Sheriff Dart Announces the Prohibited Persons’ Enforcement Act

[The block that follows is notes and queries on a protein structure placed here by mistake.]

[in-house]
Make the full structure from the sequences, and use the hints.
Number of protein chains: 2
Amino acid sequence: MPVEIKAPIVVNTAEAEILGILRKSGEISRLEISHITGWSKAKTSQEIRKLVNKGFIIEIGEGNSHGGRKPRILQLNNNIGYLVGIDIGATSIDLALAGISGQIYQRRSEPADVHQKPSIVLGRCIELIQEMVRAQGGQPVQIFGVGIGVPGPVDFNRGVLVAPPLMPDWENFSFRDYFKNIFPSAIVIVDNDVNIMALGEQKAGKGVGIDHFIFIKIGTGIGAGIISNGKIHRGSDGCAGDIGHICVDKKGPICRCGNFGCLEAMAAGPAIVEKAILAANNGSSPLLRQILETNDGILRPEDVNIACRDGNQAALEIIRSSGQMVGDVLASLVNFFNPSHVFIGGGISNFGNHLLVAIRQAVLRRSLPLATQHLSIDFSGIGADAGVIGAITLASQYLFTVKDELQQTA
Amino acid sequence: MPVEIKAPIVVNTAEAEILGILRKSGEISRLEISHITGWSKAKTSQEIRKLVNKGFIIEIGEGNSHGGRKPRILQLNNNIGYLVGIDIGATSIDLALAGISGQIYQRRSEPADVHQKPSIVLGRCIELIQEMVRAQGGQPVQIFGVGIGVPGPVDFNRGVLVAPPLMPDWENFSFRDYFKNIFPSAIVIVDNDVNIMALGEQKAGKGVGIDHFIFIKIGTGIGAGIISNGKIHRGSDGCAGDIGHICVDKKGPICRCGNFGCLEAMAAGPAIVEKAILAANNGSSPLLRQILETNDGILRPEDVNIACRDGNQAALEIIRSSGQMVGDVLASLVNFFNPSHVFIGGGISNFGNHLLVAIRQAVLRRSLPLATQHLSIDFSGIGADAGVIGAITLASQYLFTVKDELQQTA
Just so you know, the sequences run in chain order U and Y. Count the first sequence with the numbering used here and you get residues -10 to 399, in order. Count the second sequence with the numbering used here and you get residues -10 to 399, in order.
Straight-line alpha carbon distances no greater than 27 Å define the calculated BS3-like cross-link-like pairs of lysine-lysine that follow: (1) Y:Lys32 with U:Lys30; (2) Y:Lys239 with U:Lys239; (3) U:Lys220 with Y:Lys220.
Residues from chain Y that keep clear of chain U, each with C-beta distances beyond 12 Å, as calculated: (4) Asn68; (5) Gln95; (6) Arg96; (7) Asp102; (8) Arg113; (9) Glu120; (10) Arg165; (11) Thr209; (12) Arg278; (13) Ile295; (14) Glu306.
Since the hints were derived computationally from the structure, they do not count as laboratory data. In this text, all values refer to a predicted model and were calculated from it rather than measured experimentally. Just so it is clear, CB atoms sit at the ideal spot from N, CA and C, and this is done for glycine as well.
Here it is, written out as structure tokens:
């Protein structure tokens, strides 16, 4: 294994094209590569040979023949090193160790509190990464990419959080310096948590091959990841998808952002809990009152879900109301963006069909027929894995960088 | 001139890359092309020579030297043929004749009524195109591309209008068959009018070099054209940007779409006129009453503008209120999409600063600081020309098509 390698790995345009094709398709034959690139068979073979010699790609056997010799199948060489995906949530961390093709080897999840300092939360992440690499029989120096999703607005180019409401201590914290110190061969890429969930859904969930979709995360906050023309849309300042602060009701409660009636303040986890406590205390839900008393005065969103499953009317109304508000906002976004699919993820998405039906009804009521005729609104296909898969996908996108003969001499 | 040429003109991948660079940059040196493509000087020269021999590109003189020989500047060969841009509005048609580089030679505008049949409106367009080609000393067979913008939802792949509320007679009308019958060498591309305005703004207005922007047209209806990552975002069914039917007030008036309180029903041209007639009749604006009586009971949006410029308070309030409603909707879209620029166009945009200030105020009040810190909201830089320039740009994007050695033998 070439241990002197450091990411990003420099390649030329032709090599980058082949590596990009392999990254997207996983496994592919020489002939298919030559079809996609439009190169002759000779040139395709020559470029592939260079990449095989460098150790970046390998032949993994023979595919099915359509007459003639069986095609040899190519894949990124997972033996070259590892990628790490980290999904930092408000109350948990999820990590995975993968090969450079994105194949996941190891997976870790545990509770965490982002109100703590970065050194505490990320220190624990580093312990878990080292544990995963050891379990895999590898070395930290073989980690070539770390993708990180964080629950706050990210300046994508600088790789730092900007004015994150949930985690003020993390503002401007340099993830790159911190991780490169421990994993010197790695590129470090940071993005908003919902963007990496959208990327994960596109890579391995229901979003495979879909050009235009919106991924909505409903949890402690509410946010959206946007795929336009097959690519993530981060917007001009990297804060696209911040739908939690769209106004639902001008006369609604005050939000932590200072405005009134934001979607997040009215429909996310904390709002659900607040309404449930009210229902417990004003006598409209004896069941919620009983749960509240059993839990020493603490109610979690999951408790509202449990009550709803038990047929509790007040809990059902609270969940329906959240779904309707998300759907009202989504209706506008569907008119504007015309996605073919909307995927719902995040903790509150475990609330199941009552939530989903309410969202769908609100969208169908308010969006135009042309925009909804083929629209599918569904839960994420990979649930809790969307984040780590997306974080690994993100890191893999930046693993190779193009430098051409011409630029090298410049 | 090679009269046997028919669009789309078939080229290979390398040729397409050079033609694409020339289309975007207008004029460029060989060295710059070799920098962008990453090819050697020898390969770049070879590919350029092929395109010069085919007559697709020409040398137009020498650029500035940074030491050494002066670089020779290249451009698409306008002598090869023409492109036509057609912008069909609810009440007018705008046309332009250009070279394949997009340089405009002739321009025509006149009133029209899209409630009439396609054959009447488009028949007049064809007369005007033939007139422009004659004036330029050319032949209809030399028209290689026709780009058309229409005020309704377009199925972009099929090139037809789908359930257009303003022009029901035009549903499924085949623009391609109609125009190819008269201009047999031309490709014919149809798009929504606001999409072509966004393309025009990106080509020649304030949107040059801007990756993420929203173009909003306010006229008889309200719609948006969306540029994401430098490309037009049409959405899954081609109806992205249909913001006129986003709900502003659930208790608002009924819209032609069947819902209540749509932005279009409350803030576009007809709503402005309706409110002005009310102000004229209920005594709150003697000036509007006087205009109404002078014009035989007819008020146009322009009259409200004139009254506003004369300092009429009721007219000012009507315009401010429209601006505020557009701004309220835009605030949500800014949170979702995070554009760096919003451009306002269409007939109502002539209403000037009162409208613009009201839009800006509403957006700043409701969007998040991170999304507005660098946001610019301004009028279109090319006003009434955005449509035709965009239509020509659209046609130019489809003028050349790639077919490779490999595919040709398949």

Cook County Sheriff Thomas J. Dart is proposing gun control legislation aimed at reforming and strengthening the enforcement provisions of the state’s Firearm Owner’s Identification Card (FOID) system; expanding the reporting of persons who are prohibited from purchasing or possessing firearms because of serious mental illness; and extending the supervision terms for felons and gang members convicted of weapons offenses. “Our state’s gun laws are designed to fail and put communities at risk. I believe the time is right to bring commonsense and overdue reforms that will better protect the residents of Cook County and the state of Illinois,” said Sheriff Dart, “If we continue to ignore the enforcement side of the system, we are acknowledging that gun violence is here to stay and the tragedies and loss of life will continue.” This bill will have three significant components: Strengthening the Revocation Process – Requires ISP to notify the Sheriff and local law enforcement when a person becomes revoked; Requires the revoked person to surrender their FOID card to local law enforcement and account for their firearms within 48 of notice from the Illinois State Police; Strengthening Mental Health Reporting – Requires mental health providers to report individuals who pose a risk to themselves, others and their community regardless of where the mental health treatment is provided. Current law only requires reporting of patients treated in hospitals and mental health facilities; Extending the Supervision Term for Gun Offenders - Extends the term of mandatory supervised release (MSR) to 10 years for felons and street gang members convicted of possessing firearms. Current law carries a maximum supervised release term of 3 years. In Cook County alone there are nearly 5,000 current FOID card holders who have had their card revoked; 45% reside in the City of Chicago and 55% reside in suburban Cook County Only 20% of these revoked individuals have turned their FOID cards into ISP Of the almost 4,000 who did not return their card: 870 were revoked for mental health reasons 804 were revoked because of the issuance of an order of protection; 13 were revoked because they were found by a mental health professional to pose a clear and present danger to themselves, other or to the community “These statistics unquestionably evidence systemic failure in our current FOID process that puts the public at risk,” said Sheriff Dart, “We have to get serious about enforcement – about recognizing that the center of the epidemic of gun violence is that weapons are in the wrong hands.”


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